6. Looking at personal saving rates, the average American 20-year-old is saving around 7% of their income for retirement.
The average 401k of a person in their 20s has a balance of $11,800, but if you look at the median balance of 401ks of twenty-somethings, it’s more around $4,300. Planning for retirement should be a huge consideration — hence why the numbers are so troublesome.
7. Likewise, 30-year-olds in America are saving just 7.8% of their income for retirement, according to the current US savings rate.
On the other hand, the average American in their forties is saving 8.5% of their income towards retirement. The average saved amount by those in their thirties is $42,400, and for those in their forties — $102,700; a noticeable difference.
8. Naturally, the 60 age group saves the most for retirement — 11.2% of their income.
Likewise, those in their fifties take second place with 10.1%.
What’s more, the average US saving rate in a 401k plan for someone in their fifties is $174,100 and the average for a person in their sixties is $195,500; the more a person ages, the more they should have saved up for retirement.
9. $90,460 is the average amount of debt a person has in the US.
Also, the total amount of consumer debt in the US at the end of 2019 was around $14.1 trillion.
This is important as the amount of debt directly influenced the US saving rate in 2019; more debt means less money goes into savings.
10. Generation Z has an average debt amount of $9,593.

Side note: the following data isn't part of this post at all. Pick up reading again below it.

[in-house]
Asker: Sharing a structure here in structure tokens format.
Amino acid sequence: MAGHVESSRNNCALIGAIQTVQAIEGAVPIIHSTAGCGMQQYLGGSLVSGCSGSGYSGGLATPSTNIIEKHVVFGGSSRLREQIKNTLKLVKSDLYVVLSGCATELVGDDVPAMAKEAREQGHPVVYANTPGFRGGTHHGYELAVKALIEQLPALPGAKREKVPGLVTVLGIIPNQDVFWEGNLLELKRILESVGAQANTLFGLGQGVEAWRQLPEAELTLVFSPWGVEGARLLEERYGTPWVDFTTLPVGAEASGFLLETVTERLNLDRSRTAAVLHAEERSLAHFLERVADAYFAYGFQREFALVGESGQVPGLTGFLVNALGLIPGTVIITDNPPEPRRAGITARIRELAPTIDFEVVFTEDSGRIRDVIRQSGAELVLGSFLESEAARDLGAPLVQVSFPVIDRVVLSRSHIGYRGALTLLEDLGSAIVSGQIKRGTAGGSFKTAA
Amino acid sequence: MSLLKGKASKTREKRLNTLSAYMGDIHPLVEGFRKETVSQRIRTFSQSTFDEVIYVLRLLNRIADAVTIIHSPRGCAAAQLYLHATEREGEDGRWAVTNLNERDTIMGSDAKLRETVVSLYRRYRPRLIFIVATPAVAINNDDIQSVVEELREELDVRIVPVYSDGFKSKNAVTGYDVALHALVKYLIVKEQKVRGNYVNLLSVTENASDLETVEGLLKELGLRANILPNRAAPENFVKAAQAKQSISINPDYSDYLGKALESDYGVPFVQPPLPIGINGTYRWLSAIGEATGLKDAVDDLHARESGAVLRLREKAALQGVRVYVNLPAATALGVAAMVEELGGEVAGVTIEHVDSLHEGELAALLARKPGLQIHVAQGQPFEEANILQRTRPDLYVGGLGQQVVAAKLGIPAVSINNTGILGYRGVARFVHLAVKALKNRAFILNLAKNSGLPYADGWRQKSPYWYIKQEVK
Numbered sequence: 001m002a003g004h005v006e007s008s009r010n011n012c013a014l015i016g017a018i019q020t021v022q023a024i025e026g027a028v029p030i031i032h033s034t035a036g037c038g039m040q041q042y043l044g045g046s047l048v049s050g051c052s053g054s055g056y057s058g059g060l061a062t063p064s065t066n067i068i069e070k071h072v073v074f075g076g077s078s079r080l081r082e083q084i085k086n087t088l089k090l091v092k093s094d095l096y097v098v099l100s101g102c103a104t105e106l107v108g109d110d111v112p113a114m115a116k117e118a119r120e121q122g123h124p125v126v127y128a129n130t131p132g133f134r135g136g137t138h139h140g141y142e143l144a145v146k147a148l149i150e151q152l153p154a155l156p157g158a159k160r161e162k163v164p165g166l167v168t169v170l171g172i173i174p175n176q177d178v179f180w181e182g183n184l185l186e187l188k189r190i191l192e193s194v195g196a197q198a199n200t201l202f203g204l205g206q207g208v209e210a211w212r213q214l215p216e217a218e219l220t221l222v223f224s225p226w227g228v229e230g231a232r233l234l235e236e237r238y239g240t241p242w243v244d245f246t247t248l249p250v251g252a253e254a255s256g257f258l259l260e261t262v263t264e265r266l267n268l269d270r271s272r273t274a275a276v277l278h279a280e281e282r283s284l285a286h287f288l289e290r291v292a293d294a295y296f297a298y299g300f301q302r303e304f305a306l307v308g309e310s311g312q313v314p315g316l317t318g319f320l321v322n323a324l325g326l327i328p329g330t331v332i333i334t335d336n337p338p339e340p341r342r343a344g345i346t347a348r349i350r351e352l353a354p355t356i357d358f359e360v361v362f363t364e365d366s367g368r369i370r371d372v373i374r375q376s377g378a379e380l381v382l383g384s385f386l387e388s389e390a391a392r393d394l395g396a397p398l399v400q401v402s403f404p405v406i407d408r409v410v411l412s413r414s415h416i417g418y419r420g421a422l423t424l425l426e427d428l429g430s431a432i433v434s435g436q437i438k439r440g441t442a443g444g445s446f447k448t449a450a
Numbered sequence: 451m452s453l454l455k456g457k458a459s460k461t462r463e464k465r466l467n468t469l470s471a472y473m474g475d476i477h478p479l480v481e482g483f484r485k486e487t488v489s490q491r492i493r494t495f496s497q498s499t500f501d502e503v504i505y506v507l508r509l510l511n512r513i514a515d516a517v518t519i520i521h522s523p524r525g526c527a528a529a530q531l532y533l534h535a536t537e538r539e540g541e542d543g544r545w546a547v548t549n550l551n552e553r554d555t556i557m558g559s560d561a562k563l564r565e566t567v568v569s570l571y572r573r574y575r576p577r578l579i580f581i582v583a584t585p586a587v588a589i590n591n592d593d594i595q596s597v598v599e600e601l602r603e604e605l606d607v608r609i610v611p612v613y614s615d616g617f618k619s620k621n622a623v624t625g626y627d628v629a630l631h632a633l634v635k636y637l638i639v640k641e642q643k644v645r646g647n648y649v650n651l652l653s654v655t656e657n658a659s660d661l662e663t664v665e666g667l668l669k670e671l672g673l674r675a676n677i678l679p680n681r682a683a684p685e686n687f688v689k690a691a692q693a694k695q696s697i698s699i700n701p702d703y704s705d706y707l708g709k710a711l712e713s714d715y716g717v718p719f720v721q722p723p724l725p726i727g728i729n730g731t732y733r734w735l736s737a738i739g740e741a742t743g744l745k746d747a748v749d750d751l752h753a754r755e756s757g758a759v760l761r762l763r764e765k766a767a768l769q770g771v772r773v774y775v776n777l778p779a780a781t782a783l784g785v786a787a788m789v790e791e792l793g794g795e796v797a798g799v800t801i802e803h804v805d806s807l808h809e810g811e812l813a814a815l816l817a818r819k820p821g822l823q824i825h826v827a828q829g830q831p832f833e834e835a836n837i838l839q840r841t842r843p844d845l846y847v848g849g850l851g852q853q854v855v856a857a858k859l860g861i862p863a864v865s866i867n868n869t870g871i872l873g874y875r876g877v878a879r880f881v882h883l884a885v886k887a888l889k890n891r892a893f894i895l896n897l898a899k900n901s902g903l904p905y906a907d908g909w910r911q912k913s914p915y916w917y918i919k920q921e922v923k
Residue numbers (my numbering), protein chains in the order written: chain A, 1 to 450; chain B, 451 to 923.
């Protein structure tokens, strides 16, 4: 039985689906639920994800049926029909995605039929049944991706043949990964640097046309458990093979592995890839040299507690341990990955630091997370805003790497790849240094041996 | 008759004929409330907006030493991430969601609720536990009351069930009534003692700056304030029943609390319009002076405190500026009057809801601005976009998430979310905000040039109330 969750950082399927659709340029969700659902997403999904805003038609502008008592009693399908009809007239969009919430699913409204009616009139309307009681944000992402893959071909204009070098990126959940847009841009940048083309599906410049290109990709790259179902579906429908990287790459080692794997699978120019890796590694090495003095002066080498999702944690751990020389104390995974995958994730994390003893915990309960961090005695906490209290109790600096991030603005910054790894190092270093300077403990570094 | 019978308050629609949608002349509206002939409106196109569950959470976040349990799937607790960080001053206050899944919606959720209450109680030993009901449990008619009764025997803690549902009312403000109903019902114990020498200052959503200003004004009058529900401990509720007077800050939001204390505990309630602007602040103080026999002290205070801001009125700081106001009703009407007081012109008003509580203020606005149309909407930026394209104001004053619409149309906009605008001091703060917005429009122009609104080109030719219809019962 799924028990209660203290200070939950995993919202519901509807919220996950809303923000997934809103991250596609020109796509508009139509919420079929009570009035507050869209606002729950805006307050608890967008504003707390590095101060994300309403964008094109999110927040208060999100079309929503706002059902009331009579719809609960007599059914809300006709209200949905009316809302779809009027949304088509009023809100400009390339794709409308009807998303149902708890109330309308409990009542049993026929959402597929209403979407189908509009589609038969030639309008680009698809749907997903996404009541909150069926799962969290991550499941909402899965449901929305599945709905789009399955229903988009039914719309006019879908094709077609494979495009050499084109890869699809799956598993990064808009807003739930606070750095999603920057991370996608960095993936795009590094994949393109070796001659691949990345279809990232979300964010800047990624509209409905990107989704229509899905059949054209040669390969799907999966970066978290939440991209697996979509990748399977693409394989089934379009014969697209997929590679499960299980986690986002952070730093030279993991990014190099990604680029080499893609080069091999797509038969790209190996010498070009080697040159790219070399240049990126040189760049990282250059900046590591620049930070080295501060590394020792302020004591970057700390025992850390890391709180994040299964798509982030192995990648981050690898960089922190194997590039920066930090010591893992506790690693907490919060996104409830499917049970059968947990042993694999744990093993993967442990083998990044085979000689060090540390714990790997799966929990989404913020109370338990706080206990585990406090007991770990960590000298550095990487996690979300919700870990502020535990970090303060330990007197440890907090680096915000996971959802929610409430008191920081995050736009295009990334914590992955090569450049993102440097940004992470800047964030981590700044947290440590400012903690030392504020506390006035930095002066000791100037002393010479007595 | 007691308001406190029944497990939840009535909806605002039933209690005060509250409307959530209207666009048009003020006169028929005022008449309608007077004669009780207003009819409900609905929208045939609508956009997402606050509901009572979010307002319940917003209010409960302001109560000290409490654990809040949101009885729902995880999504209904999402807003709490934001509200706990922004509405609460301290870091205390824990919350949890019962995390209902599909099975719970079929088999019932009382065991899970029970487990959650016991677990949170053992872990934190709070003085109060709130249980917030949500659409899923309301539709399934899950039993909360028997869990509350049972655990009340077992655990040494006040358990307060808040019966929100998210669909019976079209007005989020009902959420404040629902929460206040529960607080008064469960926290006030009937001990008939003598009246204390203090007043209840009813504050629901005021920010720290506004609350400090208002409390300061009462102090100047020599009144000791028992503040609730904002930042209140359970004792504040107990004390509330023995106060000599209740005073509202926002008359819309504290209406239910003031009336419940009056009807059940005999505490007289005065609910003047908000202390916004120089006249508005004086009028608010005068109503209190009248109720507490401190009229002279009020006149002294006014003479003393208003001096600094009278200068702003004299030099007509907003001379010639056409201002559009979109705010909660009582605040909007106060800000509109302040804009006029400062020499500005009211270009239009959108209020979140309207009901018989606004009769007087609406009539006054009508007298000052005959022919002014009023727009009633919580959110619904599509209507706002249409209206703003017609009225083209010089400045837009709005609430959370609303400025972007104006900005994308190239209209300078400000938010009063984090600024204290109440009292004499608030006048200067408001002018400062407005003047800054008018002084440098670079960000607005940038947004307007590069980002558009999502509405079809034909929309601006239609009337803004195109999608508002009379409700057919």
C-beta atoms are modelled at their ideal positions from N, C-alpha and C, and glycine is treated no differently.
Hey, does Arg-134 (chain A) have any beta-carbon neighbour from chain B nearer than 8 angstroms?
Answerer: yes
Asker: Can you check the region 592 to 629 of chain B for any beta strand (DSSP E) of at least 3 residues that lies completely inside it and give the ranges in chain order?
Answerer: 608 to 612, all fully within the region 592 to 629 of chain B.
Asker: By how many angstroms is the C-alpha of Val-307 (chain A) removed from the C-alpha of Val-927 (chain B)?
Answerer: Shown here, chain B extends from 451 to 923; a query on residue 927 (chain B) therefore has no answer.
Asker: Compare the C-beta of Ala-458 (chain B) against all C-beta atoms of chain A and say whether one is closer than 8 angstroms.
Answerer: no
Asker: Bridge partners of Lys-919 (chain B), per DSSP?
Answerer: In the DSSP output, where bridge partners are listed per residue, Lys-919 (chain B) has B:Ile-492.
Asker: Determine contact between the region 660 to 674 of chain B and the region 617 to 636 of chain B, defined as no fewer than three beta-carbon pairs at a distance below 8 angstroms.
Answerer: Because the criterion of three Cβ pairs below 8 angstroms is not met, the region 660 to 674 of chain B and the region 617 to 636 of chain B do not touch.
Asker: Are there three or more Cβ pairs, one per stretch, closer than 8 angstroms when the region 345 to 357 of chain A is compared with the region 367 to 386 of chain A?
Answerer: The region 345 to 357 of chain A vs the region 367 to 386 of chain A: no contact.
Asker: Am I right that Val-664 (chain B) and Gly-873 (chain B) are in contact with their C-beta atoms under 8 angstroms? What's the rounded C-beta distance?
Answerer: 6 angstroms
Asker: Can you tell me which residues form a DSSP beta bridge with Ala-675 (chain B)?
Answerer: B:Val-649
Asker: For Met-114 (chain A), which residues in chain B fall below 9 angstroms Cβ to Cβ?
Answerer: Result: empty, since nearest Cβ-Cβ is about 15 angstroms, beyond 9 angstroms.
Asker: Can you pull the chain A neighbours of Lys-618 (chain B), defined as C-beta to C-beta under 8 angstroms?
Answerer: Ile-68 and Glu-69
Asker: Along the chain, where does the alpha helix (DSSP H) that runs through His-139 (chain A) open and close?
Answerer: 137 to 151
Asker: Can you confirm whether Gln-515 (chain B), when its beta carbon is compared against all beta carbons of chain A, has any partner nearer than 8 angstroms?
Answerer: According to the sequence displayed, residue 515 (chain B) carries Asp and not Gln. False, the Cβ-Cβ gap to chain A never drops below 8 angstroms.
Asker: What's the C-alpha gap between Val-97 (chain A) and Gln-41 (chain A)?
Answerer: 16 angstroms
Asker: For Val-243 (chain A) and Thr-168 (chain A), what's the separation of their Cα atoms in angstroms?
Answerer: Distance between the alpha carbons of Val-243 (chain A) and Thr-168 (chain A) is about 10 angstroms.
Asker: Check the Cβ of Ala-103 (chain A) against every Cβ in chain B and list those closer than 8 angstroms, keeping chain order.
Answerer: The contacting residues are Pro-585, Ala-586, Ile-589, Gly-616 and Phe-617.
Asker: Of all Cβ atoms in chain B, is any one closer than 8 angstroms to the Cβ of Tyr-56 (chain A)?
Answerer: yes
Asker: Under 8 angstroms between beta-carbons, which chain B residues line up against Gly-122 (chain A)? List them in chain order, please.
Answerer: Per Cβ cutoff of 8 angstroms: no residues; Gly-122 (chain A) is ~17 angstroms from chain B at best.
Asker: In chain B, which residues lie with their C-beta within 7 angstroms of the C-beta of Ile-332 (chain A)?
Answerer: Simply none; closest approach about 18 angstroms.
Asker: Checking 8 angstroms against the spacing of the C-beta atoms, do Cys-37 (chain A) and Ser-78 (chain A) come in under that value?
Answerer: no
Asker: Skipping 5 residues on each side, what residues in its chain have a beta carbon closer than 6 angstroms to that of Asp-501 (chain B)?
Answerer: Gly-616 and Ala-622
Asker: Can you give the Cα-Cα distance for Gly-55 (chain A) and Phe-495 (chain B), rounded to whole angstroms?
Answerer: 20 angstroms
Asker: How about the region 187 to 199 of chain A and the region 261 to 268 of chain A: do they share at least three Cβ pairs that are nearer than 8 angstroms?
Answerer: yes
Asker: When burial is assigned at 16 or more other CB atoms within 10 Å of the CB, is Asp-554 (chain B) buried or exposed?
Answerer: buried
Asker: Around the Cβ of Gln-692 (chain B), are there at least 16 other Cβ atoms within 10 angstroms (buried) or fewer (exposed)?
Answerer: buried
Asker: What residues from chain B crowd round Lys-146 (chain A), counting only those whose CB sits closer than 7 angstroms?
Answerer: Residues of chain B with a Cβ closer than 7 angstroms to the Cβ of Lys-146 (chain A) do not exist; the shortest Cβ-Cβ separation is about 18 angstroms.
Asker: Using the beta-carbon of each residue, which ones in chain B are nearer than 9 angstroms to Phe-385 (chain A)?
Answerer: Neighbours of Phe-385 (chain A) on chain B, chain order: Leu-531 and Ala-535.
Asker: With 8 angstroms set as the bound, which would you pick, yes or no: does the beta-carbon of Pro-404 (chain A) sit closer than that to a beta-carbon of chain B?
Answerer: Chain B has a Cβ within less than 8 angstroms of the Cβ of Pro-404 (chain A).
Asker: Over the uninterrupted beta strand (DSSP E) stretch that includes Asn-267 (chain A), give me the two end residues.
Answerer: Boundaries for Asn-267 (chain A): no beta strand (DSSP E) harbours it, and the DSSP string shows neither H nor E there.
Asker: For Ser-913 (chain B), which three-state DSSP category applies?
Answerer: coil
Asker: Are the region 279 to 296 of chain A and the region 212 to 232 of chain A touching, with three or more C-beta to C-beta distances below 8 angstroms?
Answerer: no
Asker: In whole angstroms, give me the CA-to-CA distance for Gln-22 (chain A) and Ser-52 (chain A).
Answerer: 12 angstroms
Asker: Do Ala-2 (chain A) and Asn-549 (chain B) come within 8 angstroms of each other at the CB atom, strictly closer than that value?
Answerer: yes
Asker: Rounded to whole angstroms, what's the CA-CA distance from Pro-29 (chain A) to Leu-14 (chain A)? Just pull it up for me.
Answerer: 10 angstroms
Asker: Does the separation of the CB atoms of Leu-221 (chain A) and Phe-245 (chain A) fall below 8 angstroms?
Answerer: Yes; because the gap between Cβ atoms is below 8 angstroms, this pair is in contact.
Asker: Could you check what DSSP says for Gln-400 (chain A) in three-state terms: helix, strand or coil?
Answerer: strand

Worse yet, millennials have an even bigger amount of debt — $78,396, which is likely due to Gen Z being too young to acquire any real debt as of yet.
11. Generation X has an average debt amount of $135,841.
After Generation X, the average amount owed by each subsequent generation goes down. Baby boomers owe an average of $96,984, and the silent generation only owes around $40,925 in personal debt.
Personal Savings Rates by State
12. As of 2018, Kansas was the US state with the best savings rate.
The other four states that make up the top five are Iowa, Nebraska, North Dakota, and Washington.
13. From data gathered in 2018, the state with the worst rate of savings was none other than Massachusetts.
Hawaii, New Mexico, Wyoming, and New Hampshire also found a place on the list of the worst states when it comes to savings rates.
14. Delaware is the state with the highest retirement savings.
The people of Delaware had an average of $286,000 saved up for retirement according to the US saving rate from 2018.
15. The state with the second-highest amount in retirement savings is Alaska.